To describe what Tim Parkinson‘s Pleasure Island sounds like would be doubly unwise: it would spoil the discoveries you’re likely to make as you listen, and the description itself would be wholly uninformative about the experience of listening. The press materials specify “ultra-minimal aesthetics, dead-beat drums, junk electronics, and mechanised (sic) mantras”—all of which are indeed in ample supply—but the juxtapositions and interactions among these elements, however opaque, are what make Pleasure Island compelling.
Pleasure Island (Slip) really does feel like an island, but not just any island: a private island, a constrained, designed space whose traversal by the listener is characterized by the introduction and rearrangement of a finite set of audible assets, a modest-sized sprite sheet with a limited, painstakingly selected palette. Its synths and drum machines stamp the judicious but taboo-blind chassis of UK experimentalism with a faint impression of krautrock; its vocals almost always come from a group, a crowd rather than an ensemble: a small party of people hastily recruited to do more or less the same thing at more or less the same time. (Of course, to say that would be to shortchange the performers—Dawn Bothwell, Francesca Fargion, Laurie Tompkins, Suze Whaites, and Parkinson himself—who conjure the record’s very particular vocalism perfectly.)
Your trip around this island will be marked by small but uncanny tableaux and striking contrasts. I know I said I wouldn’t divulge any specifics, but permit me two examples. The sudden appearance of birdsong at the end of “Human Words Machine Lesson,” seemingly an intrusion of the natural world, is compromised by its context: are they real or synthesized? Real, probably—but everything else on Pleasure Island seems so enervated that it is hard to believe a real bird would make an appearance. The synth stabs that punctuate a sample of light music in “Skip” several tracks later seem like a fly in the ointment, but is it a coincidence that its pitch is the sample’s first scale degree? No, as it turns out: a rhythmic fill at 2:10 makes a sudden and illuminating connection between one stratum of junk on this isle of misfit toys and another. If Haydn did it, we’d call it a joke; wiser now to look instead for a moral to Parkinson’s story.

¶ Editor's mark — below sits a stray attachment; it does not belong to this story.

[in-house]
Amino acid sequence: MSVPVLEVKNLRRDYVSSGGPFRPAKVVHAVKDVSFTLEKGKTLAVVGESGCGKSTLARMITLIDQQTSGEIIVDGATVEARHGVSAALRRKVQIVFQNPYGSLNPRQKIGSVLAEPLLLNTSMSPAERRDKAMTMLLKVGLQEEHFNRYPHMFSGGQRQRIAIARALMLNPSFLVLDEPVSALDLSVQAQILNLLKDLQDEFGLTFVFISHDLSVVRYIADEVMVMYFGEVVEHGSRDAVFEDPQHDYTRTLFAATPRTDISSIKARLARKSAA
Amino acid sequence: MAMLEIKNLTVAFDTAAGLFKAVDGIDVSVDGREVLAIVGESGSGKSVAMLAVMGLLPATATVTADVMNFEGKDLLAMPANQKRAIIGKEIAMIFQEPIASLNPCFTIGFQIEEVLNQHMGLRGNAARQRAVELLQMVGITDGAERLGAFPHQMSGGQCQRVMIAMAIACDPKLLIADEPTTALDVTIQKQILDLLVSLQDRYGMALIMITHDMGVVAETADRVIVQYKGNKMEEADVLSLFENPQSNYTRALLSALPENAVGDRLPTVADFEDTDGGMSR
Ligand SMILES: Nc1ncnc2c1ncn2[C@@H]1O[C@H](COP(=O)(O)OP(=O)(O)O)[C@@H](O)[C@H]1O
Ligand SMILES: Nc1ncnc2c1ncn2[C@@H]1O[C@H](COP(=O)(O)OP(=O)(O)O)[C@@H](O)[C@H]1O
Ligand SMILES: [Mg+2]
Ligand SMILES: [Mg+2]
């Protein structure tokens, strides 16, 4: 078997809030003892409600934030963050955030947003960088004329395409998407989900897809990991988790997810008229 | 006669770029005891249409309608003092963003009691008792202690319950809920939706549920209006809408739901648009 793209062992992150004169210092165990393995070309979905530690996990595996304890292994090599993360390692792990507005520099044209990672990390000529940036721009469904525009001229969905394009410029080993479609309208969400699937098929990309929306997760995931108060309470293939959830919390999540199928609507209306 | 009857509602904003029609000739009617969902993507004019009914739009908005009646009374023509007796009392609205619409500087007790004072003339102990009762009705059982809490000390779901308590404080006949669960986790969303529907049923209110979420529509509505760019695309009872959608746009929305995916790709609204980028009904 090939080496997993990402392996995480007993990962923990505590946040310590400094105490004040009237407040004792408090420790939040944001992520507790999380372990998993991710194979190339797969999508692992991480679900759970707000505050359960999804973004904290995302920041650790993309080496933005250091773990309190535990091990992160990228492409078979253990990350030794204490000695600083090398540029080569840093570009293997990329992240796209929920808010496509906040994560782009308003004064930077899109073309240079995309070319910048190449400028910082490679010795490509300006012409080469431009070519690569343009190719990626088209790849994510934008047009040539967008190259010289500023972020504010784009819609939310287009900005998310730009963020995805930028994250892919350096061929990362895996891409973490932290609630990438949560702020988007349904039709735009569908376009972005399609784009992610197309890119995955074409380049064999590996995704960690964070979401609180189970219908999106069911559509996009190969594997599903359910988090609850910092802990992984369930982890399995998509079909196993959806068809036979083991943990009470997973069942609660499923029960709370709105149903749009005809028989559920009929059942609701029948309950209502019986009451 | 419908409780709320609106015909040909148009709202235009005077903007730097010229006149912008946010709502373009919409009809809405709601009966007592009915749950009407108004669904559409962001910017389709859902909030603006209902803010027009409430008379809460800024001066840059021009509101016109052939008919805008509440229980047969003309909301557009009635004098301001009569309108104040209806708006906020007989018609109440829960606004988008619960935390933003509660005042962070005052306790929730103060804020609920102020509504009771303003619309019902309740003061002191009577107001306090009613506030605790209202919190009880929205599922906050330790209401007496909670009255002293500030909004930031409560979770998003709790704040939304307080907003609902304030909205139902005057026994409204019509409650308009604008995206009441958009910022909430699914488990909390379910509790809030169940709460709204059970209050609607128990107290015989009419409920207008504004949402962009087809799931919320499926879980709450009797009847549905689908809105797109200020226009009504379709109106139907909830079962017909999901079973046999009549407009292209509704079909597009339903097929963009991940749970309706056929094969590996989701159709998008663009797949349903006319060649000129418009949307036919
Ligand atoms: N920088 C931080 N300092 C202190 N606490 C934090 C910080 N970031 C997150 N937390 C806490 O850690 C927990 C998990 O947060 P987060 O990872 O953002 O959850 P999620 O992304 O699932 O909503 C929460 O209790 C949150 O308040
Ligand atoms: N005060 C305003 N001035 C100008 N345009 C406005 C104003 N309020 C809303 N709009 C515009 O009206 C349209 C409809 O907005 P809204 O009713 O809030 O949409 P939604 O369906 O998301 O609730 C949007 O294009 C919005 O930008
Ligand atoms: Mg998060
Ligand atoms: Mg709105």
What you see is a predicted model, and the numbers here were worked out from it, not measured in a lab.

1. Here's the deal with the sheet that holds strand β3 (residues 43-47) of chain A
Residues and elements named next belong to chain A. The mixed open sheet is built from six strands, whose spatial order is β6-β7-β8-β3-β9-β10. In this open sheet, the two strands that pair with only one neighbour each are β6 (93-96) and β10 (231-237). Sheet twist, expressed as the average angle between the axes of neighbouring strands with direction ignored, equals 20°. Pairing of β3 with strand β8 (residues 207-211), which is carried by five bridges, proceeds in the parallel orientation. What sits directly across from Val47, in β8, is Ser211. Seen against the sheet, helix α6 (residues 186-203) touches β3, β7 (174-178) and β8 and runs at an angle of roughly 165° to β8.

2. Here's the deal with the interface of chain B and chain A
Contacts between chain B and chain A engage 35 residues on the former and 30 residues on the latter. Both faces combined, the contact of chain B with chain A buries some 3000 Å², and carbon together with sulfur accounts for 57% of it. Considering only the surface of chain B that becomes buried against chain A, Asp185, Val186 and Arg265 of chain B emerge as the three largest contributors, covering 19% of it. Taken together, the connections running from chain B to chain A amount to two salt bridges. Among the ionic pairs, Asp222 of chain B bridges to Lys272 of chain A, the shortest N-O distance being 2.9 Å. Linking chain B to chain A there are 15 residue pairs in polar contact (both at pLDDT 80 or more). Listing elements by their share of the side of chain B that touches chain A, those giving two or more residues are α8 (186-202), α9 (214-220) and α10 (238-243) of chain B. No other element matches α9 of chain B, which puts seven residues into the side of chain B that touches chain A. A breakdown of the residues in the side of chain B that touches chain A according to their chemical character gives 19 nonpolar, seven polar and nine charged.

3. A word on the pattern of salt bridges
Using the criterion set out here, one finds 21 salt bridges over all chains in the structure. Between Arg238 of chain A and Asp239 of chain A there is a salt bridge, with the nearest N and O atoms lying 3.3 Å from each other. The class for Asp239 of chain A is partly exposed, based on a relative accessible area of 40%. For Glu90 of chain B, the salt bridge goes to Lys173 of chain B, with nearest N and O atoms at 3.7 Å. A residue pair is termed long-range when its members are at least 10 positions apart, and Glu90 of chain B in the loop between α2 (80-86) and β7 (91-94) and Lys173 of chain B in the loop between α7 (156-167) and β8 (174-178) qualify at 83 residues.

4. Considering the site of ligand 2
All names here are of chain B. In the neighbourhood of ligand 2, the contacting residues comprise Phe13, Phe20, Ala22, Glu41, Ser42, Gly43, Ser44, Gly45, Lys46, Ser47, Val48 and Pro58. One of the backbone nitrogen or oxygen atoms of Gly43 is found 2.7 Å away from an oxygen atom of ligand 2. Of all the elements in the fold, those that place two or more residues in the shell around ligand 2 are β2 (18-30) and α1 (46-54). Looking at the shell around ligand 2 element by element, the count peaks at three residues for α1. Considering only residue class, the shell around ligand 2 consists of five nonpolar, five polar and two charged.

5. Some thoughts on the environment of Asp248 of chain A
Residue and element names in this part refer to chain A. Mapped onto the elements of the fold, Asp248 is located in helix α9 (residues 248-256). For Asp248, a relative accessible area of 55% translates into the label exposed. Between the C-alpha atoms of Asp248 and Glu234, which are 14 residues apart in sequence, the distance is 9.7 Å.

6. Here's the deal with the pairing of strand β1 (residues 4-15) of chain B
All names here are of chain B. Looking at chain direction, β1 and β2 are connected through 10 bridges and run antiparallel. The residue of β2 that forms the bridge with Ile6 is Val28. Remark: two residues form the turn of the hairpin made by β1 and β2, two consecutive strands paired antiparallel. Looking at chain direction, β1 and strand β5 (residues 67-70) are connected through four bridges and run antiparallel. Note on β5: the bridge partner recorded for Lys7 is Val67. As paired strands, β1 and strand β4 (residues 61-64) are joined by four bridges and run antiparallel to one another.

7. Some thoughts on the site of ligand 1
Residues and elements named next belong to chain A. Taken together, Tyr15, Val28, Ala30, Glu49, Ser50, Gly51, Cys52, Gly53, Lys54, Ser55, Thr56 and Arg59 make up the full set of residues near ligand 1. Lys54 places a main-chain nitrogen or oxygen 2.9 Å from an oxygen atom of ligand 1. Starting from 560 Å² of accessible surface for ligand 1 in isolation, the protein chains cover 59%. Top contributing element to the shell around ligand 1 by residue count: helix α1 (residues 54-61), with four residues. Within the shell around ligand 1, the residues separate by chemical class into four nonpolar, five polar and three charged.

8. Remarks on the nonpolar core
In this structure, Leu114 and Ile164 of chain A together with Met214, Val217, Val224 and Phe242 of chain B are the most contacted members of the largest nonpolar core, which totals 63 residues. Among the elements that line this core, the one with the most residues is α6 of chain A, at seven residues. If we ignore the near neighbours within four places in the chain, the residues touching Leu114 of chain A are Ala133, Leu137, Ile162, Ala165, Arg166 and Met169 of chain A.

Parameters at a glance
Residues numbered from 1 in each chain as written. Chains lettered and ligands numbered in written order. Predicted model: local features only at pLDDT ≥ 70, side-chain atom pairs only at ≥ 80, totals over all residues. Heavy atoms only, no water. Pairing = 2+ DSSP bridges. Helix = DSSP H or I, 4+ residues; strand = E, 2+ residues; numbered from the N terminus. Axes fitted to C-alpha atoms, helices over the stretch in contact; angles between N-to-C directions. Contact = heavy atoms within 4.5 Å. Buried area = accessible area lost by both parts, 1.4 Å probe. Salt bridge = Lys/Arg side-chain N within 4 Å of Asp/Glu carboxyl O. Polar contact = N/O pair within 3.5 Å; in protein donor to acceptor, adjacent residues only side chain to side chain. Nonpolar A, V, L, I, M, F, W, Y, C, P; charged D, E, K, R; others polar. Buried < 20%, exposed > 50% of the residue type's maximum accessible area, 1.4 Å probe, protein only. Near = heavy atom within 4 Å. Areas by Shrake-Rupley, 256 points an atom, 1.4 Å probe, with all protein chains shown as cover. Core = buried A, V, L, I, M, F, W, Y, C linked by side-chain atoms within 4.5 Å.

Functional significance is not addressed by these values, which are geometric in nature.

At a time when the aesthetic of junk is well-established, Pleasure Island manages to be junkier and more worthwhile than most because it never tries to salvage anything. Familiar refrains come and go in whole or in part, sounds are repeated, and people speak without conviction. There’s no moment of apotheosis, no redemptive revelation of beauty: the achievement of Pleasure Island is that marvelous little epiphanies are to be found in an environment where just about everything is, so to speak, a bit crap. We’re in an environment in which just about everything is a bit crap, so for Parkinson to ponder that crap with us is a nontrivial job for a composer to undertake.
To fill one’s vocabulary with just the right musical nouns takes taste and savvy, but to deploy them with such sensitive verbs is a skill that has to be learned over many years. On Pleasure Island, Parkinson chooses his silly, ugly blocks carefully and builds something fascinating and delightful with them: that’s why they call it “composing.”